Nicky Bridges, Clinical Nurse Manager at Robin House shares her findings into the impact the diagnosis of a life-shortening condition for a child has on fathers.
I have worked in children's palliative care for the past 19 years, with the last as a Clinical Nurse Manager in CHAS.
Over the years, I have witnessed the unprecedented strain caring for a child with a life-shortening condition has on families. Mums visiting the hospice will often openly discuss their feelings, anxieties, fears and concerns. However, as dads are often still working, building relationships and trust with them can prove to be much more difficult, as staff have little chance to explore with them how their child's condition impacts on their life. This prompted me to undertake a small research study to explore fathers' experiences of living with a child who has a life-shortening condition. The study provided a rich insight into the daily struggles they experience, how their life has changed as a result of having a child with a life-shortening condition, the challenges within relationships, and how they maintain a positive outlook, despite these experiences.
Fathers have spoken of the loss of hope at the time their child was diagnosed, and the challenges of a new world of clinical services and health professionals. They experience sleep deprivation, which can affect their relationships with their partners, and their other children, which often suffer due to the amount of support the parents must dedicate to caring for their child with a life-shortening condition.
Fathers spoke of a lack of support specifically for them and they highlighted a continuing feeling of guilt and anxiety, particularly if they go out. Many of them feel socially isolated from their peer group, with one father saying that he has no friends.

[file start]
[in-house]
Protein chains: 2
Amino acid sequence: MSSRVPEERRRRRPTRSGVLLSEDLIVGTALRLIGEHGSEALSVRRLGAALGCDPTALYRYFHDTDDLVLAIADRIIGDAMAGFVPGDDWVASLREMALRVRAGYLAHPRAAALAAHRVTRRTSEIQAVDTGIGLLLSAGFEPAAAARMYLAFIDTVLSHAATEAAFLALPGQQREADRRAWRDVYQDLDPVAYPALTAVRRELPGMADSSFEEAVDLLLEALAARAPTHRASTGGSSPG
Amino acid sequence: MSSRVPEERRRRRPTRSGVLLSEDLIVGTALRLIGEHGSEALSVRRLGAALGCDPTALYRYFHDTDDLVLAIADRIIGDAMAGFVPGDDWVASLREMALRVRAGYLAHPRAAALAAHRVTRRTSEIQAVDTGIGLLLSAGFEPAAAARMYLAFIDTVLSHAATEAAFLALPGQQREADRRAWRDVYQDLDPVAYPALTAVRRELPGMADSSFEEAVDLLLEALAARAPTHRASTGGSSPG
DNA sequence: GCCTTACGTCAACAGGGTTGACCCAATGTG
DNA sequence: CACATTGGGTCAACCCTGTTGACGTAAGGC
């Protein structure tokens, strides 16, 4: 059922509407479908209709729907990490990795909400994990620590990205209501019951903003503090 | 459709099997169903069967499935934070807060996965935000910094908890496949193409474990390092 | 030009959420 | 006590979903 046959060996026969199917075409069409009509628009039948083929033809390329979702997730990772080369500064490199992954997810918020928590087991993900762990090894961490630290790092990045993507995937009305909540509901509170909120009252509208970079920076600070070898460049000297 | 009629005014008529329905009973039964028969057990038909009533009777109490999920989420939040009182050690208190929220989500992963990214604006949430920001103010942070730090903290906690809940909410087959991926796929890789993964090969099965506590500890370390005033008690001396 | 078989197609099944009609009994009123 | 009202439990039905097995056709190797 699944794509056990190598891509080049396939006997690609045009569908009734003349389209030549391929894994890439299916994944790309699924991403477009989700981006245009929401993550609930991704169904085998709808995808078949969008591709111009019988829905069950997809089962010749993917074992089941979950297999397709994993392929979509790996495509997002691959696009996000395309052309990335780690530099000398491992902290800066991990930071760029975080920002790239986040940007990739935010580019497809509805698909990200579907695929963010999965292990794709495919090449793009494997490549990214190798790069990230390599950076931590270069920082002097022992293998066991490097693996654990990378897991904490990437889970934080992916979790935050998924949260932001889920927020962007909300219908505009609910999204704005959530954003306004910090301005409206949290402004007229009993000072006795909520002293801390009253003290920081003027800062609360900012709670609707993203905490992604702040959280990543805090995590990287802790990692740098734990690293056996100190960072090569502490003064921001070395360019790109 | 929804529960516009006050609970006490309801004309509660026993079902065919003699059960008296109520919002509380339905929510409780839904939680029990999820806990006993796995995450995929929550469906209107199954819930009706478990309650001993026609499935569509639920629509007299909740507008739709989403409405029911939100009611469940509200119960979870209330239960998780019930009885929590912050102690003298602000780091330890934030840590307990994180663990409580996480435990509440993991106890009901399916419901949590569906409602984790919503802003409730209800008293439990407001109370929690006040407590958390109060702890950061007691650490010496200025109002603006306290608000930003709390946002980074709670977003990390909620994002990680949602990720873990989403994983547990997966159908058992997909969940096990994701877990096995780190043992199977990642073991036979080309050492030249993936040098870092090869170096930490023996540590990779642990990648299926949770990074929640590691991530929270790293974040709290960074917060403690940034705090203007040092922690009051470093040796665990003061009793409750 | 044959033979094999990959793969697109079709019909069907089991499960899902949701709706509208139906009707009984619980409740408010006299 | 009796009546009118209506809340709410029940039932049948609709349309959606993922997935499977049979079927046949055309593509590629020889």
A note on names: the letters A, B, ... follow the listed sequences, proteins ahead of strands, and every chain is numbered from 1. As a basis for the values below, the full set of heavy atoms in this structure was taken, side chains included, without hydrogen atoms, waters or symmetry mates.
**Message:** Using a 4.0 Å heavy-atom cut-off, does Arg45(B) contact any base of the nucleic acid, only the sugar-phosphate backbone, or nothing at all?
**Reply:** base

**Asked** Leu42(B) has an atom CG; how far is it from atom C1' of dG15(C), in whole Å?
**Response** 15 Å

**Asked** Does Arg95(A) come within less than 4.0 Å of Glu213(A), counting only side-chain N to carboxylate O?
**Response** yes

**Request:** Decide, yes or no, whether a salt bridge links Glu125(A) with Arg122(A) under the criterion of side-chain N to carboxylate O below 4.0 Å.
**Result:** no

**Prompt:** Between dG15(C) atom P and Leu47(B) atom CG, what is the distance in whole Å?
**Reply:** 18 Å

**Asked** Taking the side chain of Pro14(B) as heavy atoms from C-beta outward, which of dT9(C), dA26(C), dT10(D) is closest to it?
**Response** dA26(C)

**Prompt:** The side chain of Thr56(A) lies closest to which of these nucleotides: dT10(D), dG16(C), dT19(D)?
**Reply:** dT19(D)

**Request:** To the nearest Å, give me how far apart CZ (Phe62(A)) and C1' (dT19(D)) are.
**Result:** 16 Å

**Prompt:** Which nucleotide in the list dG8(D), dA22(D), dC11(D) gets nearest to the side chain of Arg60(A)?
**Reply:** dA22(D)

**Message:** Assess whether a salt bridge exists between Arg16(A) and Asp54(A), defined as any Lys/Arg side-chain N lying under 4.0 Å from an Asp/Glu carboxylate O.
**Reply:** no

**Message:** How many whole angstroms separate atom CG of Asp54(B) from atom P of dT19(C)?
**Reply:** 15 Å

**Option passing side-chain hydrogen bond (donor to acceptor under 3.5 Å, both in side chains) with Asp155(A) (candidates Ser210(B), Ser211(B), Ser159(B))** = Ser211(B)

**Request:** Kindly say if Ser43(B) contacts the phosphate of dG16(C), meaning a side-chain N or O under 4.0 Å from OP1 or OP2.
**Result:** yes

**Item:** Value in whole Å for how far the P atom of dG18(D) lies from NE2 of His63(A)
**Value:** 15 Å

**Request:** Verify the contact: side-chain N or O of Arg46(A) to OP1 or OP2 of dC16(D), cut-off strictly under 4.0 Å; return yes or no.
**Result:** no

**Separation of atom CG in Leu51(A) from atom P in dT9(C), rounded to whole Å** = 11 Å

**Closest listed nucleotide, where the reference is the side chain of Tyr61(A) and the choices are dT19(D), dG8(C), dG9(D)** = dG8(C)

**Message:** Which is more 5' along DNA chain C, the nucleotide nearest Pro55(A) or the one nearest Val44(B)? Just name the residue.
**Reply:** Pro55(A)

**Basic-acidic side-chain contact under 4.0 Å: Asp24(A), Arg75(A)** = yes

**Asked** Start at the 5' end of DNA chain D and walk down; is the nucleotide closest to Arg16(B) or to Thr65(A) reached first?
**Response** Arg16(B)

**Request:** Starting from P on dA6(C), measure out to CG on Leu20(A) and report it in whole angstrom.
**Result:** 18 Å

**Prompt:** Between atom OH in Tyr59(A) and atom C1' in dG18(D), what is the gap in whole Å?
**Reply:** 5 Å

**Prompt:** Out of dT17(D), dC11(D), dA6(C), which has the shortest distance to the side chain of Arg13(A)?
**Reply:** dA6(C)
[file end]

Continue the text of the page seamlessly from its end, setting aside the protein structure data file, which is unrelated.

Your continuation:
Maintaining full time employment is a challenge which can subsequently affect a family's finances. One dad had worked all his life, but has had to give up his job to assist in the care of his child. He cried as he explained how difficult this was: "We lost everything. There was no money coming in, it was hard, especially with birthdays and Christmas coming up….it was all the debt…we get money a wee bit at a time, but it's going to take time to sort it. It's hard, it's definitely not easy. It just plays on you all the time."
There is also a general perception that health services are more focused on the needs of mothers -one father describes a health professional's visits to the family home: "That's probably the hardest part, is having someone to come see mum, but not see me. She would speak to me if I was there, but it was focused towards the mother."
The fathers who took part in the study wanted to tell their story and are keen to share their experiences, as they want to help others in a similar situation to themselves. They have been very open in answering the questions, and speak of the therapeutic benefits of being able to speak about their experiences. They each have a range of experiences, some of which are distressing and others which give hope.
Each father spoke of the unpredictable nature of their child's condition and how this impacted on their experience of living with them.
Carrying out this study gave me a huge insight into what daily life is like for fathers. I am now working with one of my colleagues in family support to look at how CHAS can ensure that we are reaching the fathers who use our service to provide support which meets their needs.